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|Pb-free Solders, Creep, and Body Temperature|
|Keywords: Pb-free solders, solder creep, SAC 305|
|More and more implantable medical devices contain electronic components which have solder joints to maintain electrical connectivity. As in the case of consumer electronics, medical devices too continue to face the demand to transition to Pb-free solders. Current data that are available in the open literature are predominantly for operating temperatures of 25oC, under uniaxial tension. In reality, very few solder joints are subjected to pure uniaxial tension; they are commonly subjected to tensile and shear loading simultaneously. In the case of implantables the service temperature can be expected to be 37oC – body temperature – rather than 25oC. At these temperatures solder joints are operating under “hot” conditions where atomic mobility is relatively fast and solder joints can be expected to undergo creep, i.e., plastic deformation under constant load conditions. In order to address this issue and learn more about deformation under actual service conditions, an experimental investigation was conducted to characterize and measure the contributions of shear and tensile strain components to the overall creep behavior of solder joints. Each copper substrate test vehicle consisted of two halved dog-bone shaped coupons and formed a butt joint at 0°, 30°, 45°, 60°, and 90° angles. Eutectic Pb-63Sn solder and Sn3.0Ag0.5Cu (SAC 305) lead-free solder alloy were used to solder the coupons. The specimens were subjected to 5.2 MPa tensile stress for three days in a thermal chamber at 25oC, 37oC, and 100oC. The experimental results revealed that both tensile creep strains and shear creep strains contribute to the combined creep curves. For both Pb-63Sn and SAC 305 solder joints, the contributions of both tensile strains and shear strains to combined strains were found to be significant. Thus the tensile to shear stress ratio were found to have a significant impact on the creep behavior of solder joints. The creep resistance of the SAC 305 solder joints was better than that of the Pb-63Sn solder joints for all the conditions tested.|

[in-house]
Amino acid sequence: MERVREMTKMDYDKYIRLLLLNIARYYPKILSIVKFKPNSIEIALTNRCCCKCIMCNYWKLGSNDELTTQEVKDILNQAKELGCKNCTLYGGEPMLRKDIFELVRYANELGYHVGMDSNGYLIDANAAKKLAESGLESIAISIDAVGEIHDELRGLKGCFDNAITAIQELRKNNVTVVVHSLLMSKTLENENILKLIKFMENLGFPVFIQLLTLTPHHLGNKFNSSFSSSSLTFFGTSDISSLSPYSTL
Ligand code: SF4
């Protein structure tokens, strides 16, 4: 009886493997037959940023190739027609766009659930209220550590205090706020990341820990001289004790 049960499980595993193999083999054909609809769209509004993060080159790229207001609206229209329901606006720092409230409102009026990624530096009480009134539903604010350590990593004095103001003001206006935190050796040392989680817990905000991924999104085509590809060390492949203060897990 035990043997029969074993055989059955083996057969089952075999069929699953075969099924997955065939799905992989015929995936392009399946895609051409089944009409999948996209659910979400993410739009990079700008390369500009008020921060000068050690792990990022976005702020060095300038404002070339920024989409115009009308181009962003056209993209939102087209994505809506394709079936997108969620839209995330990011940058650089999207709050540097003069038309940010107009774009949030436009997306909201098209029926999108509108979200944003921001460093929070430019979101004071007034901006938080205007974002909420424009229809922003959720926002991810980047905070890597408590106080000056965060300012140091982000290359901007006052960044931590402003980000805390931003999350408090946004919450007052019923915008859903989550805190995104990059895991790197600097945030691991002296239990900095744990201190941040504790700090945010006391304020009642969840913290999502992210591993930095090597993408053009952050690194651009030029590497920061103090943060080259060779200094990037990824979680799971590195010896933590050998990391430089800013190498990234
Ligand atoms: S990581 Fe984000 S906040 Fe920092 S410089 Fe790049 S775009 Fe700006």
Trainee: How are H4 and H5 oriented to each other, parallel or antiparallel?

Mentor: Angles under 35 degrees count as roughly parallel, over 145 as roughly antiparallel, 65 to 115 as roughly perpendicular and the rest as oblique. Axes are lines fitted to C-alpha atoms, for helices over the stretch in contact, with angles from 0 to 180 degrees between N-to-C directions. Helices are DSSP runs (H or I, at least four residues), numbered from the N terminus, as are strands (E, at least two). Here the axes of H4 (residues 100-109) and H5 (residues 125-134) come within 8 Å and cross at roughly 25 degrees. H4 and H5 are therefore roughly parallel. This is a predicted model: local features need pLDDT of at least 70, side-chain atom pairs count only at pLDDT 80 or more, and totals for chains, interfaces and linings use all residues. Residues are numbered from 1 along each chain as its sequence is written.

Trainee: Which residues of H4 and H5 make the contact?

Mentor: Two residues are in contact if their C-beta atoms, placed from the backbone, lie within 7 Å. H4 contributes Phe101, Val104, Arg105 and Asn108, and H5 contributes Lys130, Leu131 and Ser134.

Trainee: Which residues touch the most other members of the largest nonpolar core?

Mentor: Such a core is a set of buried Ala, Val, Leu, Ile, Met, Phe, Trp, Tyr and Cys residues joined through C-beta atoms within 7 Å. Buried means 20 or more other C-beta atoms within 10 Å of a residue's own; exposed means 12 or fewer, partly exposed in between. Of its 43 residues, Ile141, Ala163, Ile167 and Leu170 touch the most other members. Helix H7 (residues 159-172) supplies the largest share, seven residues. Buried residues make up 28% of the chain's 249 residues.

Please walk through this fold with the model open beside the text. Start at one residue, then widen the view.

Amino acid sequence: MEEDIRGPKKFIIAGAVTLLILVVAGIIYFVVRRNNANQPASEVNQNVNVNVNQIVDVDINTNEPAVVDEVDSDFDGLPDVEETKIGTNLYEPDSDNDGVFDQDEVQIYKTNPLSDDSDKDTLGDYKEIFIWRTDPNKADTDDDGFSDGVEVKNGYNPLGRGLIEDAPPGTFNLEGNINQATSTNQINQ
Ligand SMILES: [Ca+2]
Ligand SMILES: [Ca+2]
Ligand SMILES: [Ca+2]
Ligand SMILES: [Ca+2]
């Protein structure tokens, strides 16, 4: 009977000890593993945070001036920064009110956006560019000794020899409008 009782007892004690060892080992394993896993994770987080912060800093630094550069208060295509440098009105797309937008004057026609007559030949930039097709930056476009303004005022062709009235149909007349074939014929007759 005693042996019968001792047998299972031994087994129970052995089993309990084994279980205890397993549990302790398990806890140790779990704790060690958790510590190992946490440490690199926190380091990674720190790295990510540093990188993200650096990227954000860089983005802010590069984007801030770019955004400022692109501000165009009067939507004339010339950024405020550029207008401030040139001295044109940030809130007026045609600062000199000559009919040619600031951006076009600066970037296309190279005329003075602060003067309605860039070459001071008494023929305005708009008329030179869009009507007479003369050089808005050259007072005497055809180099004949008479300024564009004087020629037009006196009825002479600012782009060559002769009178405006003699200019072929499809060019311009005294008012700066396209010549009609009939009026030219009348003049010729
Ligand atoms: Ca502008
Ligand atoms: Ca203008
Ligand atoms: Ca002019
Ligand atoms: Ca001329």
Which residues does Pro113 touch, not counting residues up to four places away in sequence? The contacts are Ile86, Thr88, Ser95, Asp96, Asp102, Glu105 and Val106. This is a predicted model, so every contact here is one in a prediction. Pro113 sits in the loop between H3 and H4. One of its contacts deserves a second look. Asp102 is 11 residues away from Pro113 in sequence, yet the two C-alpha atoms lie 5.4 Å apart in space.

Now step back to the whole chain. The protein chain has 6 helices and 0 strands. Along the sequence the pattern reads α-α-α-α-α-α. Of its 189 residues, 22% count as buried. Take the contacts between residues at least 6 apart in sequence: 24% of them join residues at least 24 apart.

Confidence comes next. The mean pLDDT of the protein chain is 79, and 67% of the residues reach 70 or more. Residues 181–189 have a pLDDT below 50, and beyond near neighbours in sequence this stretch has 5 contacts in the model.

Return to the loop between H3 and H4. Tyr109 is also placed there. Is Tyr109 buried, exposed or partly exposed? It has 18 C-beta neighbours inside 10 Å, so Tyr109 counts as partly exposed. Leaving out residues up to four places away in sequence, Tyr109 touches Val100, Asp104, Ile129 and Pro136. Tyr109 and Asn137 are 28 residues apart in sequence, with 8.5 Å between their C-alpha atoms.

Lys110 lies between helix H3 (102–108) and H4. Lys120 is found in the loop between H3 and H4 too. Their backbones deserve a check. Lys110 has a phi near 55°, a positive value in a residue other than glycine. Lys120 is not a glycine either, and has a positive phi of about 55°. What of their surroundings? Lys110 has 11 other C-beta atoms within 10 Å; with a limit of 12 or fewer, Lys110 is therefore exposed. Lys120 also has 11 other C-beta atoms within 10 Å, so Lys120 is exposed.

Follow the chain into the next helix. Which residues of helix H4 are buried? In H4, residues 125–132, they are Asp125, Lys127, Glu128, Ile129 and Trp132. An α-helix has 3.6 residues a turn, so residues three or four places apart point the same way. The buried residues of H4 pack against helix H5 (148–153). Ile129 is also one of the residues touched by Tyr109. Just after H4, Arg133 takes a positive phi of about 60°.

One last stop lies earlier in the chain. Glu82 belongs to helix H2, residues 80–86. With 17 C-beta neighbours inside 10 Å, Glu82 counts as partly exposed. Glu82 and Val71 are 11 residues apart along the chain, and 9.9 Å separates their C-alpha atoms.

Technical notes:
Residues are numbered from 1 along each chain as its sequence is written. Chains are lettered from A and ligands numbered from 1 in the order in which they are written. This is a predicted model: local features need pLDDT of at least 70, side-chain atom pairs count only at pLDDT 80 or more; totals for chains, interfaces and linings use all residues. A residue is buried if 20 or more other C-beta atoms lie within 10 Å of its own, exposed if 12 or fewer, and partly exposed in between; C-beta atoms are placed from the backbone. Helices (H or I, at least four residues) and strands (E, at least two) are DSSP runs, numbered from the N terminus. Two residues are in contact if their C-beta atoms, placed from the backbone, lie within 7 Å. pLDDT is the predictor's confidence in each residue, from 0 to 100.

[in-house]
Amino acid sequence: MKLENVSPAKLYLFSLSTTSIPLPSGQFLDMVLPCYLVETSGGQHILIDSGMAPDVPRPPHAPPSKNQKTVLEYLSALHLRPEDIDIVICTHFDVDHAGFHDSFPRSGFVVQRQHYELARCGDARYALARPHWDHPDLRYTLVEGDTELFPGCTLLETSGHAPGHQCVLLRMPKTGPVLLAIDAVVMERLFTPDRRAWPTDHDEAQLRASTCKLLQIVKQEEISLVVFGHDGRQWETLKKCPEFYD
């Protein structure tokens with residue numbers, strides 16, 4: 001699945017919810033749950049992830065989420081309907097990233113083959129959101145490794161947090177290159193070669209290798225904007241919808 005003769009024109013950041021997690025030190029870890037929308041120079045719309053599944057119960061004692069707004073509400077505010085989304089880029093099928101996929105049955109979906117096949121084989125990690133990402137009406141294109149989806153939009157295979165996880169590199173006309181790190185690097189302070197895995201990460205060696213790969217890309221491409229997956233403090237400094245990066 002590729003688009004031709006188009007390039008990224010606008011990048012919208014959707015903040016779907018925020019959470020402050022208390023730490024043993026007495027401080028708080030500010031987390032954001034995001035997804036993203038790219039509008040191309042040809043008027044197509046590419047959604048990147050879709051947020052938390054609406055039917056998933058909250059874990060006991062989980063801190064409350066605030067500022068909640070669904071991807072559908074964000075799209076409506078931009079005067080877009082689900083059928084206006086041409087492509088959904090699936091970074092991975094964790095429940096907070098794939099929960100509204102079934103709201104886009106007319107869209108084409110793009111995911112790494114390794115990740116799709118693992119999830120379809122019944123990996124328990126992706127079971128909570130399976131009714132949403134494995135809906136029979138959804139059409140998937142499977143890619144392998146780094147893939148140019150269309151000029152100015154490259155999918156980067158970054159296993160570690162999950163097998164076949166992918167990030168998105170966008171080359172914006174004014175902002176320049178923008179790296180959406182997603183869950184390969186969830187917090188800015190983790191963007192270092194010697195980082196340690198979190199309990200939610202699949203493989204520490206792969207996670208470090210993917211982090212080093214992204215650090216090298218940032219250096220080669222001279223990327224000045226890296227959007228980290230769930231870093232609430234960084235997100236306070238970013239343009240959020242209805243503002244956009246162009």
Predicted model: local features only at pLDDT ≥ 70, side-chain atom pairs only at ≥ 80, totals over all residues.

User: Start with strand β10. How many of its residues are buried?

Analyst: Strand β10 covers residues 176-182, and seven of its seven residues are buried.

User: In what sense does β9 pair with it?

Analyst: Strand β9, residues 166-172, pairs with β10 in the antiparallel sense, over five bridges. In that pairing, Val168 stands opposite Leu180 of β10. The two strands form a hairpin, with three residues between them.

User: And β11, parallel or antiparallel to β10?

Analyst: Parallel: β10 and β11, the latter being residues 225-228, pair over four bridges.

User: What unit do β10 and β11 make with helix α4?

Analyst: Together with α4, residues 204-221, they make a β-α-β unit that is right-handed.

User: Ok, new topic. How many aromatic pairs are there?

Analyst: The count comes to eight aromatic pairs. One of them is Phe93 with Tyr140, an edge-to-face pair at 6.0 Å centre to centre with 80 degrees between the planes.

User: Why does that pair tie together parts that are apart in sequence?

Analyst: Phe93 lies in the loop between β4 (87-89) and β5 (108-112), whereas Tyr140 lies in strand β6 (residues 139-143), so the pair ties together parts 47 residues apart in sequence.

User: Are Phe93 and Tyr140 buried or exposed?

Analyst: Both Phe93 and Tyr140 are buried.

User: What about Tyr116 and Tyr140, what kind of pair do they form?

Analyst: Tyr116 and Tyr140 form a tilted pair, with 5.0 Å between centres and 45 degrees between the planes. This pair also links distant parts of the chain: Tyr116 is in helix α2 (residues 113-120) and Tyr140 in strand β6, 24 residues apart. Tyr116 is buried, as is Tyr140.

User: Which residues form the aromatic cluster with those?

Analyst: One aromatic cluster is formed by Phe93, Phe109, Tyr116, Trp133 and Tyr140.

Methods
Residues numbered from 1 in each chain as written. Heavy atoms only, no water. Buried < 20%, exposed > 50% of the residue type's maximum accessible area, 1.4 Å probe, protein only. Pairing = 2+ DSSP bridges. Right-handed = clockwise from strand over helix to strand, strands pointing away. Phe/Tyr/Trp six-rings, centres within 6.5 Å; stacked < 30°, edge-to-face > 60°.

|Guna Selvaduray, Chair, BCME Department
San Jose State University
San Jose, CA